by Philip Roddis
As part of our “9/11 fifteen years on” series, Roddis tells us why 9/11 “conspiracy theories” tend to be “pants”
Dylan Avery made four versions of Loose Change, setting out the ‘Truther’ case for 9/11 as an inside job to legitimate Bush-Cheney’s middle east capers. I saw the first cut twice, thought it tripe and still do. Why? False flag attacks are hardly unheard of. The Northwoods Proposal of 1962 sought Kennedy’s approval for a CIA strike on Florida or Guantanemo, to be blamed on Castro prior to bombing Havana. Kennedy turned it down flat and had its key advocate, Joint Chiefs of Staff chair Lyman Lemnitzer, kicked sideways; though that didn’t prevent his resurrection a year later as NATO supremo.
For obvious reasons a recurring feature of conspiracy theories is their invoking of earlier, proven conspiracies. The Daily Mail’s Zinoviev Letter is one example, the Protocols of the Elders of Zion another. But while it doesn’t do to underestimate human nastiness, there’s a clue in the ‘human’ part – it doesn’t do either to grace our indisputably cynical leaders with superhuman powers. Those proven conspiracies were simple and opportunistic, especially where the motive was to fake a casus belli. The Tonkin Incident, allowing LBJ to throw US forces into Vietnam, springs to mind, as do Saddam’s non existent WMDs.
While we’re linking casus belli with conspiracy, did FDR know in advance of Japan’s tactically brilliant – but strategically inept – attack on Pearl Harbour, and see in it a way of surmounting domestic resistance to America being “dragged into yet another European quarrel”? Available evidence, though greater than that for saying Bush did 9/11, is less conclusive than devotees of a Pearl Harbour conspiracy like to believe. Another recurring feature of conspiracy theories is the overegging of anomalous detail which, in our messy world, can always be found if we look hard enough while studiously disregarding far greater volumes of counter evidence. It goes hand in hand, since the epistemological naivity of even degree educated Brits and Americans is topped only by our species dufferdom at assessing probability, with the elevation of remote possibility to cast iron certainty.
(There’s a clue too in ‘remote possibility’. No one can ever prove that Bush-Cheney did not do 9/ll, that MI6 did not do for Diana or that planet earth is not ruled by those extra-terrestial lizards David Icke – who by the way writes with wit, intelligence and a disarming semblance of sanity – is so worried about. Just as good epistemologists leave room for the outlandish possibility that God not only exists but, with time on his hands after creating the universe, is aware of and aggrieved by your sexual fantasies and mine, so too should we leave a scintella of space for the even more outlandish possibility that Dubya, having for years cunningly passed himself off as a half-wit, did indeed gather round him a thousand or two fellow conspirators to do the dirty on 9/11. Proving a negative is tough.)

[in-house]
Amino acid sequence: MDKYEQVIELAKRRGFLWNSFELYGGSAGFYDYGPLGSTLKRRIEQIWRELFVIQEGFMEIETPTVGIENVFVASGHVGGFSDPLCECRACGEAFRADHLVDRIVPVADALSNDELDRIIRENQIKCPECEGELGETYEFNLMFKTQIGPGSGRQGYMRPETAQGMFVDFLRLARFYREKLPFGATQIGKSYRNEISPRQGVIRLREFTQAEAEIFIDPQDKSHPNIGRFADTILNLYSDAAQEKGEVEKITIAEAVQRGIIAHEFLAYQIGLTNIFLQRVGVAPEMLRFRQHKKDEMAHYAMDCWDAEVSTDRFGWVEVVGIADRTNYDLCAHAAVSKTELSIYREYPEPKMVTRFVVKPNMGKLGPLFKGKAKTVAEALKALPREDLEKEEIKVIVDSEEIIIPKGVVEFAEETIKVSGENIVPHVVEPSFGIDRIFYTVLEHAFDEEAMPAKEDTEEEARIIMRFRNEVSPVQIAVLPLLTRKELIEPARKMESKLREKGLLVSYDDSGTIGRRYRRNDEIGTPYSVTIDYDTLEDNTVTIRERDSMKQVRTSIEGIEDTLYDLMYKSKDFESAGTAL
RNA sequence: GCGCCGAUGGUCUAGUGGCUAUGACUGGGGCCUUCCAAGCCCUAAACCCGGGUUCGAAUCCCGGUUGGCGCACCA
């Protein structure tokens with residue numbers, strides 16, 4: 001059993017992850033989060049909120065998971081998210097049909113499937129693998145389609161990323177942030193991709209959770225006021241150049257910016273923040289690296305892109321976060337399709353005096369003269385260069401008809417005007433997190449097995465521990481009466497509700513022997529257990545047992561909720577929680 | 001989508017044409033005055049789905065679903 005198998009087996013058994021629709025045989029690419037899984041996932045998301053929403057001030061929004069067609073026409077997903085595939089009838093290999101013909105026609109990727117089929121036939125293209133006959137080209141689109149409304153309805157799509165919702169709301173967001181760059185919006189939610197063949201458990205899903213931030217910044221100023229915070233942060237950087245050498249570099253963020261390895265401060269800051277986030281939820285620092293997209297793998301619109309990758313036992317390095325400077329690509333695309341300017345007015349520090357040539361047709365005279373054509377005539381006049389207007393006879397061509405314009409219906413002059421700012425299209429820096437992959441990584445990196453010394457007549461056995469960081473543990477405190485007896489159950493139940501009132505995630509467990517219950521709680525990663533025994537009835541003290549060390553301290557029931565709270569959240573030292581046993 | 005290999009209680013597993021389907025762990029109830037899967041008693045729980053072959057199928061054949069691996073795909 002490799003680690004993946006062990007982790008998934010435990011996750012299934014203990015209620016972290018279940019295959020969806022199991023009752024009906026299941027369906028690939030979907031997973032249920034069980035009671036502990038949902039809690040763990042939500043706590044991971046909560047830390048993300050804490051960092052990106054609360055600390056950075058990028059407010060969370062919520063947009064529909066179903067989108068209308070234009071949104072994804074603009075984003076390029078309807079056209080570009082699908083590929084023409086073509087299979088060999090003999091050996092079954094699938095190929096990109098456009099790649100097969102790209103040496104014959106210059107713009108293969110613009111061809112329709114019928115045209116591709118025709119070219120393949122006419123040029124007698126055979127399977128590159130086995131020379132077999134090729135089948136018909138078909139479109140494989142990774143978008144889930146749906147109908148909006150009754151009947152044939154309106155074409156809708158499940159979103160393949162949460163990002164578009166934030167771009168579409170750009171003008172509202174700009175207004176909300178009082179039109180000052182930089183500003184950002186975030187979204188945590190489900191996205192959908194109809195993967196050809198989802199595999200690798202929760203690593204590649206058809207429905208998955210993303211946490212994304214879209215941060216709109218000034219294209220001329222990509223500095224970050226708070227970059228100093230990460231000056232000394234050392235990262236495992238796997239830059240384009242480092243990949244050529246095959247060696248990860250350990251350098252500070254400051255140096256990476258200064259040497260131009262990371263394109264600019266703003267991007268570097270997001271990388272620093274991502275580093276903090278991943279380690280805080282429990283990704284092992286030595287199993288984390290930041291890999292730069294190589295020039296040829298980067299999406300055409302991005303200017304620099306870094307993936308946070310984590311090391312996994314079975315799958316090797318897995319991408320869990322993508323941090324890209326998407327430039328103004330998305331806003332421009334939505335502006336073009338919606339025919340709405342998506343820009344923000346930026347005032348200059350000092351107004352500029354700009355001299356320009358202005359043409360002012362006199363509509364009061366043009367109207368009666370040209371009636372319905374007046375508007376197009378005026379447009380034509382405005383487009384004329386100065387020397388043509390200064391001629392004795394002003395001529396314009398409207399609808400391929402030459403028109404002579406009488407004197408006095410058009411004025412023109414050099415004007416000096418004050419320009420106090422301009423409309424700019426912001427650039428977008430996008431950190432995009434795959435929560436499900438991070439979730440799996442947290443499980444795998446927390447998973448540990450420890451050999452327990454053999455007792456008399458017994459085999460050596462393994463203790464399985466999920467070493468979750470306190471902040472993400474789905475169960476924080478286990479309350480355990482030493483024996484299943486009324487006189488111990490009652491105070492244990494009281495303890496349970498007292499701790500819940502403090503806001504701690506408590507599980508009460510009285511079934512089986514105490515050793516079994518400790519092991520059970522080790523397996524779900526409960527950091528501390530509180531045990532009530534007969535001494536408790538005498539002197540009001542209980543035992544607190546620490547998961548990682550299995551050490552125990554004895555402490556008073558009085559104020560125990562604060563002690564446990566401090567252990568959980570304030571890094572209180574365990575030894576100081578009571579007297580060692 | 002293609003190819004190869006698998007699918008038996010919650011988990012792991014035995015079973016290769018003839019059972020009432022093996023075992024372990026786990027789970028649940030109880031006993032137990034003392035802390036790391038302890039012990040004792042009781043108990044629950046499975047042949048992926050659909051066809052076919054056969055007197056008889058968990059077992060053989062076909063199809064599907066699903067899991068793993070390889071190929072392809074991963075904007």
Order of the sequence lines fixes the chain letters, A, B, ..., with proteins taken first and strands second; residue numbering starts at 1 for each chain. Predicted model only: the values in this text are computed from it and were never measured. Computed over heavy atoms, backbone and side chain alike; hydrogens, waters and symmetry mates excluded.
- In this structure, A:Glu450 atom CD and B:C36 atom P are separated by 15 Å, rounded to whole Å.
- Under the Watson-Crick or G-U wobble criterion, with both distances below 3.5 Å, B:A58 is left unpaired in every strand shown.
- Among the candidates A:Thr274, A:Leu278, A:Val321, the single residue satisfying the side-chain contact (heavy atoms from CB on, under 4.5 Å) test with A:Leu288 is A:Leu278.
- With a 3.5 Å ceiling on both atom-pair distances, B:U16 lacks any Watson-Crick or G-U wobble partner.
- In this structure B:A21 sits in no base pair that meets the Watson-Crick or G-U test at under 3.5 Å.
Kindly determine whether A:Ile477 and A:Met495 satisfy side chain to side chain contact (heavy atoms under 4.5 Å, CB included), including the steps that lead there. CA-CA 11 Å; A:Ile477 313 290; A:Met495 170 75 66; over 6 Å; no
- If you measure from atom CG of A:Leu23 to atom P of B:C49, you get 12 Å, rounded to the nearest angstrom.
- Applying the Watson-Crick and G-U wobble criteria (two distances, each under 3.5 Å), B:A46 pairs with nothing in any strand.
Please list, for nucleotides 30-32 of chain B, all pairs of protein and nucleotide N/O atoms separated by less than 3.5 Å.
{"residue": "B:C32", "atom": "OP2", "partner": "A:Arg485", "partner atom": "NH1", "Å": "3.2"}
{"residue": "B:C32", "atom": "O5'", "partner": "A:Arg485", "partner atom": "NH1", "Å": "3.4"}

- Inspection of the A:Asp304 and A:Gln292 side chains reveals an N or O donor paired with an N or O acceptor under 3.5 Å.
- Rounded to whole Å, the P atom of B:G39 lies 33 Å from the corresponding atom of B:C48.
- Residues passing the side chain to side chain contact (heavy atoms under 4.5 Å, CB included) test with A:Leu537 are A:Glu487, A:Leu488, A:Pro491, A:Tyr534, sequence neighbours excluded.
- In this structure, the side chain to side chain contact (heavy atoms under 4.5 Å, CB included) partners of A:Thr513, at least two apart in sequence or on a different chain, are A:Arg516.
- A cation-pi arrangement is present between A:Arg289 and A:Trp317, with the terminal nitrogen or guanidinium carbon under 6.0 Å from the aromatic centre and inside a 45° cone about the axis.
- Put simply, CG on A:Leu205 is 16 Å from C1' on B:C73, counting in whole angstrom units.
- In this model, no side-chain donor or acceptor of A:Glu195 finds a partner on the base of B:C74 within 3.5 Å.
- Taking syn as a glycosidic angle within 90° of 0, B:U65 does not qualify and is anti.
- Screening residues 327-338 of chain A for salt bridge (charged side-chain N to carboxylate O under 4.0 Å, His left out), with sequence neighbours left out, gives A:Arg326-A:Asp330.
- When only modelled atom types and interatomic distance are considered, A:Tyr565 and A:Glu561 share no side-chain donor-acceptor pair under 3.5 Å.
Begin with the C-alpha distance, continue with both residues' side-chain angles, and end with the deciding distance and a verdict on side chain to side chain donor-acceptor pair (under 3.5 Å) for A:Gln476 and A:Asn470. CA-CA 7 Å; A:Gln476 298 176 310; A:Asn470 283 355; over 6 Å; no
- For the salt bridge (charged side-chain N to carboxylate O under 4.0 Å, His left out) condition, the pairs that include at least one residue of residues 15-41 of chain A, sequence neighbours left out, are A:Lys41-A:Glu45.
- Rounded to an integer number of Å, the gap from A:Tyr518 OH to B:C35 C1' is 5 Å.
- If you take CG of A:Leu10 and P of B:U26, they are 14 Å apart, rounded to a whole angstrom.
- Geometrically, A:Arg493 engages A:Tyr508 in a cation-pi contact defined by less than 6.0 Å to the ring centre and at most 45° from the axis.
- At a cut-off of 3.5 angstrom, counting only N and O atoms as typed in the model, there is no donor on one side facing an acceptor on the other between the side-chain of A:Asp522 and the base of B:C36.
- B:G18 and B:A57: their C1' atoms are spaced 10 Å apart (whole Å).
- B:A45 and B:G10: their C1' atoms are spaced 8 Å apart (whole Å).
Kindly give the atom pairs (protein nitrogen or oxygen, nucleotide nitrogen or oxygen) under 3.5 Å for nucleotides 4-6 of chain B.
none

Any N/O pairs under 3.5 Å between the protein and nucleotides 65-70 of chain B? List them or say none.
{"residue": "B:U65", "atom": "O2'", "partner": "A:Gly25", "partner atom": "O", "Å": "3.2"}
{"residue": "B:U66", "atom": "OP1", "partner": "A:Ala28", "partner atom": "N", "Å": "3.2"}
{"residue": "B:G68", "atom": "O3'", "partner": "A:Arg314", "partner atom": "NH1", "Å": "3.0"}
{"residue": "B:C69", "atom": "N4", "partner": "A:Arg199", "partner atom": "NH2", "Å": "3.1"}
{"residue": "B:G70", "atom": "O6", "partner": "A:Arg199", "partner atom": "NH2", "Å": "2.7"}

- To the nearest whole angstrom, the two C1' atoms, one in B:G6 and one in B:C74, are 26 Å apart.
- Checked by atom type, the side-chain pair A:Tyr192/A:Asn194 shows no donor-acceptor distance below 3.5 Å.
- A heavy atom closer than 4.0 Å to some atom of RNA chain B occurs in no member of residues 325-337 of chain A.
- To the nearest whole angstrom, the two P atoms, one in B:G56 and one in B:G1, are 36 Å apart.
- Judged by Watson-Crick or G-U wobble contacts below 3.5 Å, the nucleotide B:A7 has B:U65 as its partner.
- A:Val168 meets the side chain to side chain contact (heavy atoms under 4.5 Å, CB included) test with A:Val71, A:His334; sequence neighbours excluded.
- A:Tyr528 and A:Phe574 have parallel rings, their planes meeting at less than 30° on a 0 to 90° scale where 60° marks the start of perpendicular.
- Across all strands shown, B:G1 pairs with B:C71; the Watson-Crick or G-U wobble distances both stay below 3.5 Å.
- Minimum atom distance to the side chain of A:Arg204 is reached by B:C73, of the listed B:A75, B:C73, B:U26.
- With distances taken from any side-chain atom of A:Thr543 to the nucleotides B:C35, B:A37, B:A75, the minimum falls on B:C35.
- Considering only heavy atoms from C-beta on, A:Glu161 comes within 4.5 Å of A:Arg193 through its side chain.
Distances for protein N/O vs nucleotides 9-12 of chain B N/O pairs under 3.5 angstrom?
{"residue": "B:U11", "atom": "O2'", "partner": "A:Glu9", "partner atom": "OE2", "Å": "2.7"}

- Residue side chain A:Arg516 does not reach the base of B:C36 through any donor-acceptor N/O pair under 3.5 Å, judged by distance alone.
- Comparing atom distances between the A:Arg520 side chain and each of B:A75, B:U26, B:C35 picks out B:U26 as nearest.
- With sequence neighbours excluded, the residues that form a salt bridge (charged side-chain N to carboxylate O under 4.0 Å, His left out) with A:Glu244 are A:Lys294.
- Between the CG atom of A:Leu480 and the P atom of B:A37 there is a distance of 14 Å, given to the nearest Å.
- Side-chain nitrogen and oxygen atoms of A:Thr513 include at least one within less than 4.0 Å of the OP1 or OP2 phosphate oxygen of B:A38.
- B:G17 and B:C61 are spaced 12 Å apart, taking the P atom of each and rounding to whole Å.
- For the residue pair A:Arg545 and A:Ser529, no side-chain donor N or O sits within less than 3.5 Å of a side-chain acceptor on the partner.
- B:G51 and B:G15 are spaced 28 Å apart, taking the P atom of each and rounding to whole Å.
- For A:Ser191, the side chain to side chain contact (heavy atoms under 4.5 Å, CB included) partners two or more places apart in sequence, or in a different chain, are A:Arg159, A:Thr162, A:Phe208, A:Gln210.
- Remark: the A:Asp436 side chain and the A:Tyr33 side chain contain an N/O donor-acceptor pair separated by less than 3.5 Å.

9/11 Truthism takes three broad forms. The strongest is that the strikes were textbook false flag, the mildest that official accounts leave unanswered questions. In between, though closer to the ‘strong’ form, is the argument that while Bush did not plan the attacks he had foreknowledge yet allowed them to proceed. The less stubborn of strong-form Truthers tend to shift under well informed challenge to the more easily defended view that Doubts Remain. Indeed, Dylan Avery seems to have made that shift himself. This from an interview based feature of April 2014:
In my truly angry times, in 2005 or 2006, if you asked if the Bush administration planned the attacks, I would have said, ‘Fuck yeah’.”
I don’t think Bush could plan a bowl of cereal.”
As a matter of fact the put-options issue, like WTC 7 freefall and ‘expert’ opinions that Boeing 707s could not have brought down WTC 1 and WTC 2, has been comprehensively addressed. Another recurring feature of conspiracy theories is the coexistence of shrill demands that Our Questions Be Answered with stone-deafness to empirical and logical answers convincing to all but the True Believer.
Again we can draw a theistic parallel. Here’s Richard Dawkins, his inalienable human right not to be tortured by stupid people serially breached by creationist and Formidably Stupid Person, Wendy Wright. Her debating style, undeniably effective, is a step up – but just the one – from finger in each ear and ‘la-la, la-la’ . “I don’t see any evidence for evolution”, she keeps saying, and even as the good professor supplies it in spades she’s still at it. “Where’s the evidence? I just don’t see it.” (Postmodernism has much to answer for. Its useful suspicion of positivism in social science, but frequently half-baked grasp of challenging findings in particle physics, led it to the self contradictory claim that there is no truth and science – history too – is ‘just another narrative’, enlarging the space not only for climate change and holocaust denialism but 9/11 Truthism and Voodoo Studies to boot.) And because she is stupid, Wright does a disservice to an analogy that tightens if we drop our dissonance-driven attachment to the idea that only stupid people hold stupid views. I know Truthers and theists who are highly intelligent and great company – just so long as you steer clear of the elephant in the room.
Indeed, a hallmark of the real adept – as with the clinically paranoid – is the ability to go one better than mere imperviousness to counter-evidence. A 24-carat Truther, in for the long haul, will with consummate ease accommodate such evidence within an expanded version of the theory. One set of 9/ll Truthers concedes that Loose Change is shot through and through with factual and logical howlers, only to argue that that just shows Avery to be himself party to the conspiracy, deliberately making a crap film to discredit their case. Scary, huh? With Dylan Avery and George W. Bush in cahoots we’re looking at super-villainy of fiendish intricacy.